During the first lockdown in March, 1 in 5 Middlesex students reported having unreliable internet or limited access to mobile data to allow them to successfully study online and, according to the Office for Students, 18% of students in the UK had their ability to study affected by lack of access to the internet during the first term of the academic year.
This is why we are calling on mobile phone and internet providers to work with the Government to extend the offer of free data and unlimited broadband announced yesterday for children at schools and colleges across the UK to students across Further and Higher Education . We believe that this is an important step to address the digital divide that will contribute to worsening social mobility in the UK.
Today, your Student Officers have written to the CEOs of BT, EE, Three and Vodaphone, four of the UK’s largest mobile phone and internet providers, along with Michelle Donelan MP, Minister of State for Universities, to outline why this support is so urgently required for students across all levels of education.
Read the letter in full below and show your support by signing our petition calling on the Government to provide this much needed support for students across the UK.
Dear Mr Finnegan, Mr Read, Mr Jansen and Mr Allera
We were really pleased to see yesterday that you have partnered with the Department for Education to provide free data and unlimited broadband to school children who are learning from home whilst their schools are shut. We believe that this is a very impressive gesture and will make a real difference in tackling the digital divide which risks to make social mobility in the UK worse. It really does show that by working together in partnership the UK can get through this crisis, and could even come out of it a more cohesive and indeed, a more digital country.
It is in that spirit of working together that we are writing to ask that you work with the Department for Education to extend that offer to students in Higher and Further Education who are also now being forced to learn from home and where digital poverty poses an equally severe threat to the ability to learn.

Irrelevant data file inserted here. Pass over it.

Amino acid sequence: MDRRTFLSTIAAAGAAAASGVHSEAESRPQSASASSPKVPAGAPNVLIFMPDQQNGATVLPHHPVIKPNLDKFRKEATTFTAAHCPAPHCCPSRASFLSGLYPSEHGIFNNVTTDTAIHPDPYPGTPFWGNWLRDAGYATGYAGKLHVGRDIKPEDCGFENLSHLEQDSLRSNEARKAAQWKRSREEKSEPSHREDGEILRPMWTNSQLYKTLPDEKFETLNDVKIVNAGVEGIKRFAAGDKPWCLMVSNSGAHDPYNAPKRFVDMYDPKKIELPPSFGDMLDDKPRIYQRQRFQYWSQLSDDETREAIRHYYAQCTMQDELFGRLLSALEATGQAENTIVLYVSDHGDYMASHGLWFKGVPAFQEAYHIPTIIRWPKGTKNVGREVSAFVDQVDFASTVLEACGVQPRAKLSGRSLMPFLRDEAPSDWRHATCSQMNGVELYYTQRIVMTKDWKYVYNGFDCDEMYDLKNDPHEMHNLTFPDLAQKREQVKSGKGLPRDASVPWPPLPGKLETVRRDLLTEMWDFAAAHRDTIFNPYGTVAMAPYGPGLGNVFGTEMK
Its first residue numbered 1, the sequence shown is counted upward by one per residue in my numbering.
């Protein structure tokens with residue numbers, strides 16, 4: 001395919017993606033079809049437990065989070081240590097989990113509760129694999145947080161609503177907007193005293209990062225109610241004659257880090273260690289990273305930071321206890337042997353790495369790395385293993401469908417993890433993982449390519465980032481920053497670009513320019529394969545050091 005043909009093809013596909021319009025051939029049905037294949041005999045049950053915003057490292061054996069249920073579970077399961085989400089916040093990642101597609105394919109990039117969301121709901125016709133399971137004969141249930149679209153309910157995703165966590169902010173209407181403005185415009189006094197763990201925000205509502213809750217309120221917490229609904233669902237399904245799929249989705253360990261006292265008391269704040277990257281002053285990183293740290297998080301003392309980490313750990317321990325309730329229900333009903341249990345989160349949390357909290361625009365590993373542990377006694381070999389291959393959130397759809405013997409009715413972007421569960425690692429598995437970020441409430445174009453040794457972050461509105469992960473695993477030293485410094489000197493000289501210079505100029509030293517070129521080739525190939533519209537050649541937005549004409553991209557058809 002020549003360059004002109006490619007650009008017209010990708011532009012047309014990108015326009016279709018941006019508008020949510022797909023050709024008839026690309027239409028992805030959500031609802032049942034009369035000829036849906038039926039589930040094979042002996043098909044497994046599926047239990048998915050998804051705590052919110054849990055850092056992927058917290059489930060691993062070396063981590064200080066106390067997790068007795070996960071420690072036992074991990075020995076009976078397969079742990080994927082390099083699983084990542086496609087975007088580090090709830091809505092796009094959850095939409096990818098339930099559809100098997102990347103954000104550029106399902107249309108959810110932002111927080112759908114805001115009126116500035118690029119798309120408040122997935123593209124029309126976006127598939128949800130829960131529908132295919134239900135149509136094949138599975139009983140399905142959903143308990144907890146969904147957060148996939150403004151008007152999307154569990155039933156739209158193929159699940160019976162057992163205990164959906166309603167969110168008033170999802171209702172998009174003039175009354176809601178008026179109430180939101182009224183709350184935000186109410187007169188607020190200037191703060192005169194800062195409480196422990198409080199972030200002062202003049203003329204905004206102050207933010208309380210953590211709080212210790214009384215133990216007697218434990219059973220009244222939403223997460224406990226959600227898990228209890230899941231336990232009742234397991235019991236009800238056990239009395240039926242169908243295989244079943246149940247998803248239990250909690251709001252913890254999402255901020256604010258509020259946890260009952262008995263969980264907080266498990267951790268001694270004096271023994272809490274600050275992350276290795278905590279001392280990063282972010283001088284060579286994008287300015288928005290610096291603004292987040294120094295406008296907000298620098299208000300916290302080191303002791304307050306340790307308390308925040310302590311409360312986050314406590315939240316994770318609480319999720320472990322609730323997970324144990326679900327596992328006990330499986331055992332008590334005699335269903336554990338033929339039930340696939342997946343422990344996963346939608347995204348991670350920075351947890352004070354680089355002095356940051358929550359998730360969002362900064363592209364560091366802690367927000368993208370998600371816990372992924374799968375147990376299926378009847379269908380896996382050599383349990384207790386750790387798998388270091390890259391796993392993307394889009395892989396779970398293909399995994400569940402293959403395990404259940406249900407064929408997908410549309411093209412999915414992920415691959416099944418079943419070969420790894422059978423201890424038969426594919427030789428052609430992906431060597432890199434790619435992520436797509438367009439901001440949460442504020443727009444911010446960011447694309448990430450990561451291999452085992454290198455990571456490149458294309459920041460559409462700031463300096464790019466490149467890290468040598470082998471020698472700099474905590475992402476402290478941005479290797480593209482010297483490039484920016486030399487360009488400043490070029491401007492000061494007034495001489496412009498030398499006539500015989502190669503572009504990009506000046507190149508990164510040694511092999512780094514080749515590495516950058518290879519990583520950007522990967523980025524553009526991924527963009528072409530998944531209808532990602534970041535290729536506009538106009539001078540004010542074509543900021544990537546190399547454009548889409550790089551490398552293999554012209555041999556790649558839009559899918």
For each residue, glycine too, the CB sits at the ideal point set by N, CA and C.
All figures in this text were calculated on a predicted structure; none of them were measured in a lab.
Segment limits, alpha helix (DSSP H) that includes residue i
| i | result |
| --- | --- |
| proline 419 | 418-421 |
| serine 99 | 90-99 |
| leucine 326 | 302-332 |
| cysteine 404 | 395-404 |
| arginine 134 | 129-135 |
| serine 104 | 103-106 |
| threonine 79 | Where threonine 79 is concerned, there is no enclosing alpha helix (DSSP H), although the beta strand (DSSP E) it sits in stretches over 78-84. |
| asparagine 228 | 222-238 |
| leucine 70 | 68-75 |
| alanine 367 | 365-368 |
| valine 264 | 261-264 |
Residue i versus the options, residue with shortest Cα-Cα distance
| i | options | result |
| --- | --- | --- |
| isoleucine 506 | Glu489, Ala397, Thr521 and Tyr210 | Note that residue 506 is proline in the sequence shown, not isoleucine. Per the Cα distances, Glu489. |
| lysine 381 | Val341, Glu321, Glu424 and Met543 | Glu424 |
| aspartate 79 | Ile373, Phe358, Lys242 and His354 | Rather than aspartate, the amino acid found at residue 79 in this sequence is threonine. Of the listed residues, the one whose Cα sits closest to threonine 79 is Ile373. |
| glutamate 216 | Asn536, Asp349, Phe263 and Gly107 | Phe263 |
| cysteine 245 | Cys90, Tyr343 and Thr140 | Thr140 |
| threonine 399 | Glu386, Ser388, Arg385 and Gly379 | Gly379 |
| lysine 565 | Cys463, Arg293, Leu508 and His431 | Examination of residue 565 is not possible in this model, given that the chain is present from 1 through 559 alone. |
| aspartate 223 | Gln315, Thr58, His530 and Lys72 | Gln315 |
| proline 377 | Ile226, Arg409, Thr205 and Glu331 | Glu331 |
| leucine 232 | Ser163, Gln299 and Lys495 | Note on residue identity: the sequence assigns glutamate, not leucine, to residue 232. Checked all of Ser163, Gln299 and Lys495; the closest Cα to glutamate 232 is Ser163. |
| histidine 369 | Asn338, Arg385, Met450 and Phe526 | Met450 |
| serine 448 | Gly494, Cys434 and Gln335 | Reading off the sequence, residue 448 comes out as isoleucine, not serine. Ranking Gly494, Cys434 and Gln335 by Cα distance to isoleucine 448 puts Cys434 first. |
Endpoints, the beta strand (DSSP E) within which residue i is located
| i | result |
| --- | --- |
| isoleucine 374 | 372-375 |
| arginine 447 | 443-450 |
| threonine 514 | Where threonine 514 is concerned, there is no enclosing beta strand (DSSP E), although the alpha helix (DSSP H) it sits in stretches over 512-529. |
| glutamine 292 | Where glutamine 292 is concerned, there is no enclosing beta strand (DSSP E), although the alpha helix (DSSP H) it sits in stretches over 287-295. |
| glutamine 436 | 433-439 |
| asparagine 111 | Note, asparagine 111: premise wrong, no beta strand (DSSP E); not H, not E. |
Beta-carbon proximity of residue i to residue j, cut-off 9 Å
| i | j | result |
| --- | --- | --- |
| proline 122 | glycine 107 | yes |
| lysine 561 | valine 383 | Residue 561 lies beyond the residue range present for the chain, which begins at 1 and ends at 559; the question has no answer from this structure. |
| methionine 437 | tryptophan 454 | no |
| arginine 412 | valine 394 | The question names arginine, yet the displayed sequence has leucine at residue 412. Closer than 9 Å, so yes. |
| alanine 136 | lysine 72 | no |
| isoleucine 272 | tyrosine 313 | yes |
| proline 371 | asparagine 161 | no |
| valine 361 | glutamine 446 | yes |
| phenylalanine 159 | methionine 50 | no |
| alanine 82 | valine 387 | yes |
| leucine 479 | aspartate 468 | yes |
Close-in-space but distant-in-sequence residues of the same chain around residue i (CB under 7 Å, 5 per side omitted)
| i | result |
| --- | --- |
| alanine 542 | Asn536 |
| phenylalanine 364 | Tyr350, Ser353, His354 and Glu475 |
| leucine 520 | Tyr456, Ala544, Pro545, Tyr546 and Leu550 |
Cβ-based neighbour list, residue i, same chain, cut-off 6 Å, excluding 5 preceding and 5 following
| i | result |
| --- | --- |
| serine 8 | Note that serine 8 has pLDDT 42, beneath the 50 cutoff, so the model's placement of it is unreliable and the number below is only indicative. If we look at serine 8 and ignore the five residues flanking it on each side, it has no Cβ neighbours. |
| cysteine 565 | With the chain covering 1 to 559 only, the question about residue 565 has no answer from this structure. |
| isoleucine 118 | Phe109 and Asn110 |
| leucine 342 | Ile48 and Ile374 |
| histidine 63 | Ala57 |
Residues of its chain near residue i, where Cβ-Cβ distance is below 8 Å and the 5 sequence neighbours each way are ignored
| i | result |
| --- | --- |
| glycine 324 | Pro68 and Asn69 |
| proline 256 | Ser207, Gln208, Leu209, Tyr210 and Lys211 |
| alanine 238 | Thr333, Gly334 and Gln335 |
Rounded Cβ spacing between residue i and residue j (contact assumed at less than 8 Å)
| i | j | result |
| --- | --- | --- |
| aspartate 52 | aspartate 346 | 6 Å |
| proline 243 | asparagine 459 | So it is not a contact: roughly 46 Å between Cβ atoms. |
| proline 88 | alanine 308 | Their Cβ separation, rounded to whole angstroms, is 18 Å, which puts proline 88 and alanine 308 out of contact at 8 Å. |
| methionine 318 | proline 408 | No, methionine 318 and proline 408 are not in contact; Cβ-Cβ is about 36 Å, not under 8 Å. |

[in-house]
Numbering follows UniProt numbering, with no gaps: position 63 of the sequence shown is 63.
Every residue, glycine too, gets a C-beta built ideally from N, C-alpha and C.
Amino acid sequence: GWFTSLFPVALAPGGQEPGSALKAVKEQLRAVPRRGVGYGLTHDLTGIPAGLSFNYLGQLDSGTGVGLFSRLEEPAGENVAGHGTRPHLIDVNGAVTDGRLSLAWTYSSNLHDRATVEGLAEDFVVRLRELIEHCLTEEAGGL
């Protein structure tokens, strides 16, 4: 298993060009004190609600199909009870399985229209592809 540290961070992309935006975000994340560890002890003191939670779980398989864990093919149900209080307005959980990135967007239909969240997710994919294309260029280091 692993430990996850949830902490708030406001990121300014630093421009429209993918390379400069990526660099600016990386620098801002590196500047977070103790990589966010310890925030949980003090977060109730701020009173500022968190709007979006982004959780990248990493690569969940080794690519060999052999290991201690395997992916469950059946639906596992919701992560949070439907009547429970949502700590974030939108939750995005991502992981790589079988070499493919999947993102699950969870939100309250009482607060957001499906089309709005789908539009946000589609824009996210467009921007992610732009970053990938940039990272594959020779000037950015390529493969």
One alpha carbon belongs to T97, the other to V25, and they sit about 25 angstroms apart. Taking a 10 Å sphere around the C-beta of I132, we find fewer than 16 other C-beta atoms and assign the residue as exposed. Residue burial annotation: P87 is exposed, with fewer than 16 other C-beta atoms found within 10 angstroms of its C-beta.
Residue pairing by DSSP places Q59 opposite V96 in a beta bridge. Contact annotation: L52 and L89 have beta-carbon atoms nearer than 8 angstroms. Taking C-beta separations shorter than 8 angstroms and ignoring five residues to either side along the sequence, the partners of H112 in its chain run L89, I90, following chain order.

We are writing to you on behalf of the 20,000 students of Middlesex University, and as part of the wider UK student community which they are a part of.
Students are currently being hit by the triple whammy of still needing to pay rent and fees, not being able to work part time and reduced access to hardship funds due to increased demand. These factors further exacerbate the pre-existing attainment gap between disadvantaged and their advantaged counterparts in Higher and Further Education.
Whilst universities have done whatever they can to provide hardship funds, access to laptops and software free of charge there is still a gap between what is required and what is available. Ultimately as with schools this is too big an issue for universities to fix on their own which is why a national partnership is required.
As a result of this many of students simply cannot afford the data and broadband which is now required in order to keep up with their studies.
As four high tech, innovative and UK based companies that have demonstrated a commitment to education you are uniquely positioned to tackle the digital divide that this third lockdown is exacerbating.
According to research by the Office For Students, across the UK in the first term 18% of students had their ability to study affected by a lack of access to the internet, a figure which is higher for students with disabilities, students who are the first in their family to attend university, student parents and students of colour. These are groups which are particularly well represented at Middlesex University, with 53% of our students having been eligible for free school meals, which is why this a particularly acute issue for us.
It is particularly worrying that this third lockdown will disproportionately affect students of colour. Research by UUK shows that they were already 13% less likely to receive a first or a two one before Covid- 19 and are disproportionately likely to have either had Covid- 19 or to have suffered a bereavement because of it.
We would ask that you approach DFE regarding Higher and Further Education to make sure that access to the internet is not a barrier to learning in colleges and universities, as you have done in schools. We will also be writing to the Department for Education to outline why digital support for students is urgently required and would be obliged if you would do the same.
We look forward to hearing your response. Yours Sincerely,
Gagandeep Kaur (MDXSU President)
Tahmina Choudhery (MDXSU Vice President)
Khalid Abumaye (MDXSU Vice President)
Nishtha Relan (MDXSU Vice President)